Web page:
No Good Men Among the Living: America, the Taliban, and the War through Afghan Eyes

No Good Men Among the Living: America, the Taliban, and the War through Afghan Eyes

Anand Gopal

Language: English

Pages: 320

ISBN: 1250069262

Format: PDF / Kindle (mobi) / ePub

No Good Men Among the Living: America, the Taliban, and the War through Afghan Eyes

Anand Gopal

Language: English

Pages: 320

ISBN: 1250069262

Format: PDF / Kindle (mobi) / ePub


PULITZER PRIZE FINALIST
NATIONAL BOOK AWARD FINALIST
WINNER OF THE RIDENHOUR PRIZE

"Essential reading for anyone concerned about how America got Afghanistan so wrong. A devastating, well-honed prosecution detailing how our government bungled the initial salvo in the so-called war on terror, ignored attempts by top Taliban leaders to surrender, trusted the wrong people, and backed a feckless and corrupt Afghan regime . . . It is ultimately the most compelling account I've read of how Afghans themselves see the war." --The New York Times Book Review

In a breathtaking chronicle, acclaimed journalist Anand Gopal traces the lives of three Afghans caught in America's war on terror. He follows a Taliban commander, who rises from scrawny teenager to leading insurgent; a U.S.-backed warlord, who uses the American military to gain wealth and power; and a village housewife trapped between the two sides, who discovers the devastating cost of neutrality. Through their dramatic stories, No Good Men Among the Living stunningly lays bare the workings of America's longest war and the truth behind its prolonged agony.

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other way. She fought the urge to look back. Some days later he appeared again. This time, before she could flee, he blurted out that he wanted to get to know the woman that he might spend the rest of his life with. He meant no harm, he insisted, and no one would know that they had spoken. It was just for his peace of mind. She agreed to walk with him. He quickly slid into lengthy monologues about politics and religion and the war. He was distinctly modern, progressive, in a way she’d never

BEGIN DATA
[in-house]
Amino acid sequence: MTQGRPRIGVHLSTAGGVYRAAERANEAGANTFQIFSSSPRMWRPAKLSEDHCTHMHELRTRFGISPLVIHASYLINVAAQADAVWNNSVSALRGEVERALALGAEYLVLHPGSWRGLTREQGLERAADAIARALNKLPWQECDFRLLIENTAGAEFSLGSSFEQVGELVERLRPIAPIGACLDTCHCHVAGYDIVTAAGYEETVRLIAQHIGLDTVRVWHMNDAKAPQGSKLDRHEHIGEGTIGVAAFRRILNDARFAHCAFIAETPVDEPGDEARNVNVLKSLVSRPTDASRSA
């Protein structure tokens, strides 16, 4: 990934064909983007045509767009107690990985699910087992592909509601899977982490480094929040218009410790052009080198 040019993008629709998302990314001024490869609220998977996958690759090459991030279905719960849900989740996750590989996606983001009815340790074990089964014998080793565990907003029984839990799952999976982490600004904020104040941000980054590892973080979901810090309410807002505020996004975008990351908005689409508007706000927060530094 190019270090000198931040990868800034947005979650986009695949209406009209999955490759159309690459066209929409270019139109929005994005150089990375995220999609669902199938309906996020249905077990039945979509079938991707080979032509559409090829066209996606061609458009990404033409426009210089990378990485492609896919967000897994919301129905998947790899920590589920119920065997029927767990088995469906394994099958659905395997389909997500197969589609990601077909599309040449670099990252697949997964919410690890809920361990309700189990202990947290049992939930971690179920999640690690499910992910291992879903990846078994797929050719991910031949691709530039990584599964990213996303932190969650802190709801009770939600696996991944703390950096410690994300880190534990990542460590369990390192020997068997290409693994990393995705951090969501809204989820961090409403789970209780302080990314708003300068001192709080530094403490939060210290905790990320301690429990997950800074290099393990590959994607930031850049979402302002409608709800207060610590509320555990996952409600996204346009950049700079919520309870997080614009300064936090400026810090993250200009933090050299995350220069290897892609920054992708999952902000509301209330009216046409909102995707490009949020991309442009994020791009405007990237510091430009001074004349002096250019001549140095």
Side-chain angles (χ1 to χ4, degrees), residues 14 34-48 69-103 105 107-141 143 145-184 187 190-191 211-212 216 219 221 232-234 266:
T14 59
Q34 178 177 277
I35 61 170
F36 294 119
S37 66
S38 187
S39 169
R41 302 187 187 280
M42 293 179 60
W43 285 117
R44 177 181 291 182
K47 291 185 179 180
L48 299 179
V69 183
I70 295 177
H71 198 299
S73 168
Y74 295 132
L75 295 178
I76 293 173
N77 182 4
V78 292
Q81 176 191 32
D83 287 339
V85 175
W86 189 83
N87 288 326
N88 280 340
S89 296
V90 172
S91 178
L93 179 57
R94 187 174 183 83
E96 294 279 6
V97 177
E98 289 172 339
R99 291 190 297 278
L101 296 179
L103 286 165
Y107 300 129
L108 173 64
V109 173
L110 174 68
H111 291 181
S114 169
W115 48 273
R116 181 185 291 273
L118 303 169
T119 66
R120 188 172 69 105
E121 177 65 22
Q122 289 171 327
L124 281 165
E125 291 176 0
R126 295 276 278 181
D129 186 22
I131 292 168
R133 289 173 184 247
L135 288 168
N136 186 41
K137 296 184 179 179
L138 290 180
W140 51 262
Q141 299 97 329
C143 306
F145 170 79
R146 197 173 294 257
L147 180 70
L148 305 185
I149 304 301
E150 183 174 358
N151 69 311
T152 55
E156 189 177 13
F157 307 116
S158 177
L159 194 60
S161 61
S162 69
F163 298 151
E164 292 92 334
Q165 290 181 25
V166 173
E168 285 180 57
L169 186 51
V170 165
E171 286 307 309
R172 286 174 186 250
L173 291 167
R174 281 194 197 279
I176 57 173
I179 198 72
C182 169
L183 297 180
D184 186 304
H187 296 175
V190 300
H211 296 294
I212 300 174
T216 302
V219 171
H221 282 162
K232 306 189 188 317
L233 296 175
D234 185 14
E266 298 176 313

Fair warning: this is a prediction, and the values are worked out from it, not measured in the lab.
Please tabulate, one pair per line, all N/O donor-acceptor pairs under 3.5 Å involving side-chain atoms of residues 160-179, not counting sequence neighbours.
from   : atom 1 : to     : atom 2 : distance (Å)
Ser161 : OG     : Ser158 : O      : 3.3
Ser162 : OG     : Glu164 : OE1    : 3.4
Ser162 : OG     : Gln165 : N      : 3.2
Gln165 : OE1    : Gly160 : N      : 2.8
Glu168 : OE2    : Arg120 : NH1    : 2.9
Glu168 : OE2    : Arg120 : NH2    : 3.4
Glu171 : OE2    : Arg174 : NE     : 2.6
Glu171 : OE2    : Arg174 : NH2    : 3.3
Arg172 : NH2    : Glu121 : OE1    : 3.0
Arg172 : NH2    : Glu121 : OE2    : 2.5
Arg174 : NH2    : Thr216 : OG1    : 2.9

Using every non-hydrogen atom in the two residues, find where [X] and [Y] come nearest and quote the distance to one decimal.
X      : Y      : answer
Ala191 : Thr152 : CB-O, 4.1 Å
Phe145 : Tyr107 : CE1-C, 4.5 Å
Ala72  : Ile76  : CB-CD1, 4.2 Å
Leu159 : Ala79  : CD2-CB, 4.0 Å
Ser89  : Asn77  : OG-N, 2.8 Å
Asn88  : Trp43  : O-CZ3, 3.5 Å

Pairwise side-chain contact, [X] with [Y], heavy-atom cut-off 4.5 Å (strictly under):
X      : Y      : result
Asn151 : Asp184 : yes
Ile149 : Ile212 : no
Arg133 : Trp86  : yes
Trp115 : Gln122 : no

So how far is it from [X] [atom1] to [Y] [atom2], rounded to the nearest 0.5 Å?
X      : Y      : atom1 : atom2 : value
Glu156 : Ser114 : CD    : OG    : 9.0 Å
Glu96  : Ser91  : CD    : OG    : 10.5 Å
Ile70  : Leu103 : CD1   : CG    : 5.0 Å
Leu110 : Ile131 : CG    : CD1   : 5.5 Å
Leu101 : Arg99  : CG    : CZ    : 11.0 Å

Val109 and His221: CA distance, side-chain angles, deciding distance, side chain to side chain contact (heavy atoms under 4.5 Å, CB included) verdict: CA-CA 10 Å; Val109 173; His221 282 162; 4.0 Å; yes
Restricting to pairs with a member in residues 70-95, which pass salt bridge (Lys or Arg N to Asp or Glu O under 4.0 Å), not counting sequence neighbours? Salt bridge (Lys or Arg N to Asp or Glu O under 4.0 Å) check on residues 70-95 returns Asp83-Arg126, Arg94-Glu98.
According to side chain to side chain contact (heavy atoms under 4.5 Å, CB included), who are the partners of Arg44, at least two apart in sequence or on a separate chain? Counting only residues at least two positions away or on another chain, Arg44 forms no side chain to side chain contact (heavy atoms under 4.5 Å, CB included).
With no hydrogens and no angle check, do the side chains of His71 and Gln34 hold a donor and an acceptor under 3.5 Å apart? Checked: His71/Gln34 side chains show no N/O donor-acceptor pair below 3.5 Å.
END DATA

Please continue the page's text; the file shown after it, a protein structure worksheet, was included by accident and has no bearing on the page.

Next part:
there,” Lieutenant Colonel Jim Yonts, spokesman for the US Central Command, told reporters. Yet it soon became apparent that the captives had all followed Burget Khan in embracing the new American order. After five days, they were brought to Kandahar’s soccer stadium and released. A crowd of thousands, who had made the trip from Maiwand, was there to greet them. A few months earlier many of these farmers had packed the stadium seats waving the new Afghan flag and chanting in favor of the coming

of land and commanded the allegiance of thousands from his tribe, the Alizais. Having survived the civil war with relatively clean hands, he enjoyed popular support, and under his reign Khas Uruzgan remained largely at peace. He worked closely with US forces, landing lucrative contracts for reconstruction and security. Such success did not go unnoticed in Tirin Kot, and JMK began to fear that his gilded position atop the province’s patronage pyramid was in jeopardy, that his own appointee was

and looked at Rahim. “This isn’t my decision. It’s the decision of all the scholars. Now do you agree?” Rahim asked how scholars sitting in Pakistan could possibly decide on issues here in Maiwand, but Adaam waved him off. The next morning the captives were brought out in groups to a canal at the edge of the village. On their motorbikes, armed Taliban had gathered across the way. At once, the prisoners realized their fate. Some began wailing, some pleading for mercy. The young man to whom Rahim

Americans returned. As the soldiers approached a home, a dog growled and they shot it. A villager ran out, thinking a thief was on the premises, and they shot him too. His younger brother emerged with a gun and fired into the darkness, yelling for his neighbors. The soldiers shot him as well, and the barrage of bullets also hit his mother as she peered out a window. The soldiers then tied the three bodies together, dragged them into a room, and set off explosives. A pair of children stood

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